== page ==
Meritocracy, Public Service, and the People's University

Kevin Guskiewicz

Daniel Markovits doesn’t think the meritocracy is broken; he thinks it works far too well. 

“Training works, education works,” said the Yale professor and author of The Meritocracy Trap, during his guest appearance at my American Professoriate class last week. “That means elite children dominate meritocratic schooling, they dominate meritocratic university admissions…Meritocracy has now become a new kind of aristocracy based on schooling rather than breeding.”

It was a tough message to deliver at “the people’s university,” which is how I’ve always thought of Carolina. The whole point of a public institution like ours is to deliver a world-class education to students of all backgrounds, to insist that a first-generation student from a rural high school can master chemistry or creative writing as well as any lawyer’s kid with a prep-school education. I see that happen every day at UNC, and I’m immensely proud that 1 in 5 of our students is the first in their family to attend college.

But Markovits is right that it’s getting harder to maintain such an idealistic mission. Not because of anything that happens in university admissions offices, but because of the bigger forces at work in the outside world. 
Rising income inequality means that some families have enormous sums to invest in their children’s education, creating gaps in opportunity that start from a child’s earliest years. A changing economy means the rewards to a high-quality education have grown larger, creating more pressure on students to land a spot at the ‘right’ college. And a wealth of political science research shows that some of the deepest divides in our public life break down along educational lines.

“This system puts enormous pressure on universities,” Markovits said. Higher education didn’t create the stratification in American society, but our credibility and our mission suffer when we’re seen as gatekeepers to the good life instead of institutions devoted to public service.

The students in our class had great questions for Markovits, some of them pushing back against the notion that higher education can somehow ‘fix’ the meritocracy. Shouldn’t public policy — taxes, school investment, zoning laws — play a bigger role? one student asked. Don’t we want strong rewards for academic achievement? asked another.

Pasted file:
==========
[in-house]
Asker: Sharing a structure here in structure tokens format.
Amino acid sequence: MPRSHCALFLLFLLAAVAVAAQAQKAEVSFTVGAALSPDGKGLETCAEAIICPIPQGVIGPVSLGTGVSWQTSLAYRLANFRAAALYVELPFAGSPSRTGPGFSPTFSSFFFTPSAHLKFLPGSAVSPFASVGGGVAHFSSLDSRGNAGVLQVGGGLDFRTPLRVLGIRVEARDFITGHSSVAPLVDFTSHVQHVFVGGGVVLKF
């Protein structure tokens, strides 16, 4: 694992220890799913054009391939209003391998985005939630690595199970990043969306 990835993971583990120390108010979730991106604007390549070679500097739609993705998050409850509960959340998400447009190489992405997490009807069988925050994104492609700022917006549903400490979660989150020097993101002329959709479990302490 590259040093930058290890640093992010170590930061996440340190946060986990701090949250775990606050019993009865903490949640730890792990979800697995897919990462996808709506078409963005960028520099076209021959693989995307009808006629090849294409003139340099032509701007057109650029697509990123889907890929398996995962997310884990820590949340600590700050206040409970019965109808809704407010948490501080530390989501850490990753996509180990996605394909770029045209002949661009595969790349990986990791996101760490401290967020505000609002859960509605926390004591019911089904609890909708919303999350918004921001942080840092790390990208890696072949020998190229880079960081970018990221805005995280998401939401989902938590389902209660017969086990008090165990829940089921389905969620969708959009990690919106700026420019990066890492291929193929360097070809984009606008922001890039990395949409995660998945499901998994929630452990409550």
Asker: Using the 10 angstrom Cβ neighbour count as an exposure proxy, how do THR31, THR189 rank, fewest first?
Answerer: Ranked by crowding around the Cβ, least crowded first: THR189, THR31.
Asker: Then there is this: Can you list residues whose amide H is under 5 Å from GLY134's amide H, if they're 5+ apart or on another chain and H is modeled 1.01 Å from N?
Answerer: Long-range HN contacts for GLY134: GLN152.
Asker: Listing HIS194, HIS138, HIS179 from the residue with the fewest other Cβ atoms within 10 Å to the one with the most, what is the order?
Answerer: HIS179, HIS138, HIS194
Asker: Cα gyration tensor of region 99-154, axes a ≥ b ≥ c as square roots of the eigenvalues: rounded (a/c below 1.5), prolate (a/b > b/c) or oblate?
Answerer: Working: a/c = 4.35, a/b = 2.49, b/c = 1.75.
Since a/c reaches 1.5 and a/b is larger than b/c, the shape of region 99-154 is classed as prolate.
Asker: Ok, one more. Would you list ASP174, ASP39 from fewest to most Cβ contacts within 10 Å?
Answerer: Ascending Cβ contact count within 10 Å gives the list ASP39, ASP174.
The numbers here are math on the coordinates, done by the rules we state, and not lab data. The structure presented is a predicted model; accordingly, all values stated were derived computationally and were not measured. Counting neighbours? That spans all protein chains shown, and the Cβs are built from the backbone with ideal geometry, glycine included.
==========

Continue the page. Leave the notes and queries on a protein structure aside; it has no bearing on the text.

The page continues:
Where Markovits writes largely about university graduates who launch into “elite” careers like finance or consulting, the students in this class are mostly planning for careers in academia or public service. We have students who have devoted their young lives to studying global health disparities or improving the food supply chain to benefit small farmers. I don’t think anyone goes into a years-long PhD program, or signs up for a course like The American Professoriate, because they’re looking to strike it rich.

That ethos of service needs to be the norm for higher education. Markovits’ most compelling point is that a top-tier education is an enormous privilege, no matter what you did to earn it. That privilege carries an obligation to give back, an obligation even more obvious for the graduates of a public institution like UNC. The founders of this university, and the North Carolinians who have paid for it generation after generation, didn’t intend for its graduates to benefit only themselves. It was to benefit all.

“The position that you’re in now gives you more opportunity and makes you freer than 999 out of every thousand people who have ever lived,” Markovits told our class. “Do the work you care about in the way you want to do it.”

I would make one amendment. “Do the work you care about, and make sure it improves the lives and livelihoods of all those who are counting you.”

Kevin Guskiewicz is the Chancellor of the University of North Carolina at Chapel Hill.


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